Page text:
Marijuana has been proven to be an effective treatment for a variety of health ailments—often with fewer side effects than many of the other drugs that are available today with a prescription or over-the-counter. It comes from the cannabis plant and contains cannabinoids, which are chemicals that work within the Endo-cannabinoid System (ECS) in the human body. These chemicals are naturally found within the body but may be in short supply for people with certain ailments. When a person takes a drug containing cannabinoids, these chemicals collaborate with the receptors of the central nervous system to produce various benefits in the brain and body.
When considering marijuana use in conjunction with diabetes, there’s a lack of controlled trial testing on a large scale. In relation to the treatment of diabetes, some studies note that the anti-inflammatory capabilities of the cannabinoids in marijuana may have therapeutic effects that may help to: stabilize blood sugar, lower blood pressure, prevent nerve inflammation, and improve circulation in diabetics. A study published in The Natural Medicine Journal showed that marijuana use may be associated with lower levels of glucose, fasting insulin, body mass index, waist circumference, and HOMA-IR.
Since the use of marijuana can impact the appetite and perception, it’s important for people with diabetes who use marijuana to be prepared to address insulin and sugar needs as they occur. As balancing blood sugar can be like walking on a tight rope, it is critical to take into account the extra food that may be eaten in response to getting the “munchies”.
Another consideration is, if the THC in marijuana brings on a state of euphoria, the user may not be as capable of discerning how they feel in terms of blood glucose levels. Perceptions may be skewed, which means blood sugar levels should be checked frequently, even if the person “feels okay”.
Of course, if marijuana is smoked, dangers and risks are certainly prevalent in relationship the impact of the smoke on the respiratory system, especially the lungs. Other options for taking marijuana (that may be less dangerous than smoking it) include oils taken sublingually, vaping the oil, edibles, and applying it to the skin in a lotion, cream, or spray.
The Bottom Line: So the question about whether or not marijuana is safe for people with diabetes? Well, the answer is—it’s complicated.
Characterization of cannabinoid-induced relief of neuropathic pain in rat models of type 1 and type 2 diabetes was abstracted through PubMed/ncbi/nlm/nih/gov, August 2012 (note the date of first publication!). BOTTOM LINE: Cannabinoids, acting on systemic and/or peripheral receptors, may serve as a new therapeutic alternative for symptom management in painful neuropathy associated with both type 1 and type 2 diabetes.
New Israeli research pits cannabis against heart disease was written by Brian Blum for Israel21C.org, 11 October 2018. Canadian-Israeli corporate partnership aims to develop proprietary cannabinoid-based treatments for preventing atherosclerosis, which could directly benefit those of us with Type 1 diabetes.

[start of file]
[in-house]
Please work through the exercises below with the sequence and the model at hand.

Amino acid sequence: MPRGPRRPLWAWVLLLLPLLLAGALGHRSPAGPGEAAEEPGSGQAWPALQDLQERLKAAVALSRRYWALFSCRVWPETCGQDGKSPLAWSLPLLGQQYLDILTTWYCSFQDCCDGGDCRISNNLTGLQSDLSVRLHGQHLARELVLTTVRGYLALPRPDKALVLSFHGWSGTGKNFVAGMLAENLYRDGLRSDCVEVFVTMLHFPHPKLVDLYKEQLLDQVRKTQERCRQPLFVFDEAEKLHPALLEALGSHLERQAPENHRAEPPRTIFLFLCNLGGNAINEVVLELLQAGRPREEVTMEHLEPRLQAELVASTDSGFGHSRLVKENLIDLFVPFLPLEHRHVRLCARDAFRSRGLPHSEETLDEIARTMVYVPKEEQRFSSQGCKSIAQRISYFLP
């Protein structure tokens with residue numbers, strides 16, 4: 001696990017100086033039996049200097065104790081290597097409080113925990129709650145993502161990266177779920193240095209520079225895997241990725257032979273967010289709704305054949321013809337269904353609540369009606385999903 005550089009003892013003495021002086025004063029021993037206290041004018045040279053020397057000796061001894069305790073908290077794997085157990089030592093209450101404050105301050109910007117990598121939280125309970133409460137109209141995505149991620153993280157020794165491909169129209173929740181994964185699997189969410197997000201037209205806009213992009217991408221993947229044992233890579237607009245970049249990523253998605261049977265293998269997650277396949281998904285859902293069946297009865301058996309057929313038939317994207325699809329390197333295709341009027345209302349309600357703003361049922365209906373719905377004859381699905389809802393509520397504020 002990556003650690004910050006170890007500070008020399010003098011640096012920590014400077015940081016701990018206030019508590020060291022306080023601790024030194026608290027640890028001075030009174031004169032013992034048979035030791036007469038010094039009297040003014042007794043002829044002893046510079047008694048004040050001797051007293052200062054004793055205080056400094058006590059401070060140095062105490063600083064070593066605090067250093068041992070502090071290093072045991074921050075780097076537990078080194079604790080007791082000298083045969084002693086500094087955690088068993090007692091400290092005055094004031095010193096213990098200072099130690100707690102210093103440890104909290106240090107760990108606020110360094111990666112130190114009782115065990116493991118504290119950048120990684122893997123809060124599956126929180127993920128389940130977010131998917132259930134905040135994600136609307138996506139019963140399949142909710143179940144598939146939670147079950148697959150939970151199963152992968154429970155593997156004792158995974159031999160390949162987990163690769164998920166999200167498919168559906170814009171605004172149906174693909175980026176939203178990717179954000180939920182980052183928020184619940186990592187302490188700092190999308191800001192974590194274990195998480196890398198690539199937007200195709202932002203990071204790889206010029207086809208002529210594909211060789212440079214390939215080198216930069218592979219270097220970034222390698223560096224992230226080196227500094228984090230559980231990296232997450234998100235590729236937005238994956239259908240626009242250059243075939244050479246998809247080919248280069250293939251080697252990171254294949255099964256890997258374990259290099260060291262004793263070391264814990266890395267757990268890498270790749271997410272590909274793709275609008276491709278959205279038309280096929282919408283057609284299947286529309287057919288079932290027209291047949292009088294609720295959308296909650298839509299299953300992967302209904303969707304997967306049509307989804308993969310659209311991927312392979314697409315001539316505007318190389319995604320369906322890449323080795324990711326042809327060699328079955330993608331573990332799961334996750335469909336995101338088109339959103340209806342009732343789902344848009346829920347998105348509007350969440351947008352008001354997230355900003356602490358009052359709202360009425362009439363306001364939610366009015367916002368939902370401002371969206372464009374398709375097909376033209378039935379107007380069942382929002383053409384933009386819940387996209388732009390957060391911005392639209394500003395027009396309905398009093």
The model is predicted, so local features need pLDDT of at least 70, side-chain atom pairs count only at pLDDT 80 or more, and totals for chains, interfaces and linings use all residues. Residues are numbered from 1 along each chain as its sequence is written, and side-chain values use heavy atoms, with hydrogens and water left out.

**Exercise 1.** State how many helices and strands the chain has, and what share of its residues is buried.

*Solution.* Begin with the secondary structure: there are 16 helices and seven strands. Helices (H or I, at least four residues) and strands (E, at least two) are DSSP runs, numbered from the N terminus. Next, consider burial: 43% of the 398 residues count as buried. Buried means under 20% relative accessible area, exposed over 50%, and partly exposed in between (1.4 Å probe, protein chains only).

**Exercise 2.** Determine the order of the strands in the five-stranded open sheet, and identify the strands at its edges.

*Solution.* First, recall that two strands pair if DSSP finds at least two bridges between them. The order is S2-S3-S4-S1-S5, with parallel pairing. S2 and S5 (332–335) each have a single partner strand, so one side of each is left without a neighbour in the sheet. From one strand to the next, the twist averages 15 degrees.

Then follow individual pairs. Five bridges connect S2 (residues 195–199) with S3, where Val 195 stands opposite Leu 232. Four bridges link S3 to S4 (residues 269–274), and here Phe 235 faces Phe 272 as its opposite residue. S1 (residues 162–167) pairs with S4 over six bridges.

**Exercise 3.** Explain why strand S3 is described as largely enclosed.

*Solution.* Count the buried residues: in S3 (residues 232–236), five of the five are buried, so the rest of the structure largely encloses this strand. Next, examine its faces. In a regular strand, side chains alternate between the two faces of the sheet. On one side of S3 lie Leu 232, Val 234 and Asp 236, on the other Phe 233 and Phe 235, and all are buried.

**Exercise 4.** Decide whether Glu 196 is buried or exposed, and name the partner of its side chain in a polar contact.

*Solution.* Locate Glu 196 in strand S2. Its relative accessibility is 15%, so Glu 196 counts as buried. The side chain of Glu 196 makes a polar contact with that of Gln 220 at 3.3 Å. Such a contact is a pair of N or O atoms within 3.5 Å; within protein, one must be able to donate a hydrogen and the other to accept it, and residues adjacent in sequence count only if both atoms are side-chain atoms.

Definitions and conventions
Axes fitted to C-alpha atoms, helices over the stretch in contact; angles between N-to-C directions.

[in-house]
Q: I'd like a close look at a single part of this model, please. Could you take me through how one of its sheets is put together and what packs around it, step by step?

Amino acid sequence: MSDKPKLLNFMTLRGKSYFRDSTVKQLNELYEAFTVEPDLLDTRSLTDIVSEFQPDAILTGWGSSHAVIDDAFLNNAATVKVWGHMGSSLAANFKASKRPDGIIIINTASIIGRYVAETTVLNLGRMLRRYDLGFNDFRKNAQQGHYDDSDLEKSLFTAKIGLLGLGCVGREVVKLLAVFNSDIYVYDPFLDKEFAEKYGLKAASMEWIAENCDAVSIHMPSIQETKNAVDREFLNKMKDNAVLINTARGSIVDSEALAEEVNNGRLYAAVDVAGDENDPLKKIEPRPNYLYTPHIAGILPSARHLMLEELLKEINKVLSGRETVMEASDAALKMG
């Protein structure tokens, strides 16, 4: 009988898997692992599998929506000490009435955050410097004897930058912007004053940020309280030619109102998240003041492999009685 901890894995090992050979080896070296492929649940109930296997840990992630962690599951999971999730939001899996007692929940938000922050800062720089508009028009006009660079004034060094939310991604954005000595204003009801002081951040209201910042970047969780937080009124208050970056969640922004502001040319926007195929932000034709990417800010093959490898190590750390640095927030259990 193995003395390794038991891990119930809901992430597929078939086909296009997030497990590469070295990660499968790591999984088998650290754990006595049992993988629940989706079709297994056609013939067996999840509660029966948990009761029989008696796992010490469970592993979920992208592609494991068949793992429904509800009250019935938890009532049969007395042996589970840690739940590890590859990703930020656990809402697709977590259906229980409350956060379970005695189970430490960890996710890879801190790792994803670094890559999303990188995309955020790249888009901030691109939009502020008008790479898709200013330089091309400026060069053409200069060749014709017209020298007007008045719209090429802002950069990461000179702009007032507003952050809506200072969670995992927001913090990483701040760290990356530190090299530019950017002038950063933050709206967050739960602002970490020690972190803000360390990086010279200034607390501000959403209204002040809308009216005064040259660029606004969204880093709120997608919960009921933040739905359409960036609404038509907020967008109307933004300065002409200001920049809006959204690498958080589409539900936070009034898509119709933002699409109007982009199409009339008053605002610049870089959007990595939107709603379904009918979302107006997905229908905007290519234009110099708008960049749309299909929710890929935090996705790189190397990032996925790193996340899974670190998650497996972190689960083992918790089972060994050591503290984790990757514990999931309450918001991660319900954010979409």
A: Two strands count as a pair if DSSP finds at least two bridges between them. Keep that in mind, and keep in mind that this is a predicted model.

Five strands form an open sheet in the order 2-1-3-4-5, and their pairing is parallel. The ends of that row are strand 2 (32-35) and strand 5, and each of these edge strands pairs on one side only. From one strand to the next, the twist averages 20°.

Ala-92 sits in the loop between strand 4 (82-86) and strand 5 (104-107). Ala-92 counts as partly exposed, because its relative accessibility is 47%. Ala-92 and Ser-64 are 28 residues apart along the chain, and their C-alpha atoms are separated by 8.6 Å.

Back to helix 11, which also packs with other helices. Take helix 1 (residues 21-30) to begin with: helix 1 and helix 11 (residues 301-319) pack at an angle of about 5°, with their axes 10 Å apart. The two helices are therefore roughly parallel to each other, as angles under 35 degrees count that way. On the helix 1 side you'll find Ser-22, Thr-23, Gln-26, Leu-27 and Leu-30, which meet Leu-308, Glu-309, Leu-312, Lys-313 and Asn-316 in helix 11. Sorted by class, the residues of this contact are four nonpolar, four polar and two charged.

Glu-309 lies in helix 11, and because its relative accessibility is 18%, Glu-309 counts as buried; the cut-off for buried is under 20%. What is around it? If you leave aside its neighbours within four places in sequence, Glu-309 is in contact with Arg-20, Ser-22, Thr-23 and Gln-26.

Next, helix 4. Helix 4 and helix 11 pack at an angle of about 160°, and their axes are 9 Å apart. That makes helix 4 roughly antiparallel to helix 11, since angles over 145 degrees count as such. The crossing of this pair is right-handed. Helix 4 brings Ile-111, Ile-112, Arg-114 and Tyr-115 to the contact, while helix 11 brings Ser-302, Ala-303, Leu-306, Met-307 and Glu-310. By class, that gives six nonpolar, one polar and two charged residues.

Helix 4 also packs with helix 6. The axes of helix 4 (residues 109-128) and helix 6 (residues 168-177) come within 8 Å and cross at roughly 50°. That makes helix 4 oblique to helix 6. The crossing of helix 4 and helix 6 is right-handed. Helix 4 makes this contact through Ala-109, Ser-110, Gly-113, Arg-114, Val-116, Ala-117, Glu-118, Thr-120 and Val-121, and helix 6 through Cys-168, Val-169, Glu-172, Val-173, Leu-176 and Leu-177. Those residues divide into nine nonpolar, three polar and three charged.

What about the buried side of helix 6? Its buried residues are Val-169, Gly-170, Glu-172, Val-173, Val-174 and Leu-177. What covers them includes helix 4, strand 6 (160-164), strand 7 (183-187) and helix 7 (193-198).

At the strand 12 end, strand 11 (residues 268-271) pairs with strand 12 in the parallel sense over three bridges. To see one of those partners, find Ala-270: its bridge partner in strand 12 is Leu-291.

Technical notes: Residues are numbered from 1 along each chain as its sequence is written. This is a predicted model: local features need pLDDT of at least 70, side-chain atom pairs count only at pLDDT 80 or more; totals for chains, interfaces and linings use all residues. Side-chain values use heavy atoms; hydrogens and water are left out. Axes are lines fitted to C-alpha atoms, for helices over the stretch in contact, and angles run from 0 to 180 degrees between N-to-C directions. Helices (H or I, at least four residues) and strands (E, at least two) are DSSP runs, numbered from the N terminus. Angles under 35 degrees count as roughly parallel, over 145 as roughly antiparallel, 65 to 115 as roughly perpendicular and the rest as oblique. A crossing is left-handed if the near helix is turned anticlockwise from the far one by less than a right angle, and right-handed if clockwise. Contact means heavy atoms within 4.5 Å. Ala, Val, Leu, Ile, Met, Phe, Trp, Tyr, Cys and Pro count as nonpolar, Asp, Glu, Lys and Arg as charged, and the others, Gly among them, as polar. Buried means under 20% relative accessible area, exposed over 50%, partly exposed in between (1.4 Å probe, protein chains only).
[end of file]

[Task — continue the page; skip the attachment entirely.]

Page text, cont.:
Can cannabis cure heart disease? That’s what Canadian cannabis company FSD Pharma and Israeli-Canadian firm SciCann Therapeutics hope to find out with a new research project aimed at developing proprietary cannabinoid-based treatments for preventing atherosclerosis. Dr. Zohar Koren, CEO of SciCann, who is heading up the research said, “We believe that smart and targeted modulation of the endocannabinoid system may offer a new approach to treat this devastating progressive disease.”
So want to know more?
Do Different Strains of Marijuana Cause Different Highs? Cannabis researchers say popular notions of indica and sativa are “nonsense”, according to Markham Heid for Medium | Health, 24 January 2019.
Depending on the type of experience you’re looking for, you may lean — or be guided by a dispensary employee — toward a sativa- or indica-dominant strain, or even a “pure” strain, which you may be told is 100 percent one species or the other. For example, Purple Kush is usually marketed as 100 percent indica, while White Widow is often described as a 60–40 percent split between the two species.
All of this is fantastic product marketing. It suggests a level of botanical and biochemical precision that is comforting to consumers — whether you’re using cannabis recreationally or to relieve an affliction (or a bit of both). Unfortunately, a lot of it is bunk.
“The evidence we have to date shows that indica and sativa labeling as currently applied to consumer products is not a reliable indicator of genetics or ancestry, or even of the plant contained within the package,” Myles says.
Top Marijuana Stocks to Buy in 2019 was written by Keith Speights for TheMotleyFood, 18 December 2019. Cannabis legalization is sweeping over North America – 10 states plus Washington, D.C., have all legalized recreational marijuana over the last few years, and full legalization comes to Canada in October 2018.
Legal marijuana was worth $10 billion for the U.S. in 2017 alone. And since experts have projected the U.S. industry to skyrocket to $50 billion by 2026, it’s time for investors to start paying attention.
Understanding the marijuana industry
Before buying any stock, it’s important to understand the underlying business. And the marijuana industry is more complex than it might seem at first glance.
First, there are key geographic considerations. Canadian pot stocks have received the most attention from investors over the past few years. The U.S. is and will continue to be where the most money is made for the marijuana industry, with nearly 80% of global marijuana sales in 2019.
Areas of Focus:
- Marijuana producers.
- Ancillary products and services providers.
- Cannabis-focused drugmakers.
What to look for in marijuana stocks
The two key things to look for in marijuana stocks are similar to what you should look for in any stock: growth opportunities and the ability to capitalize on those opportunities.
Read more: Top Marijuana Stocks to Buy in 2019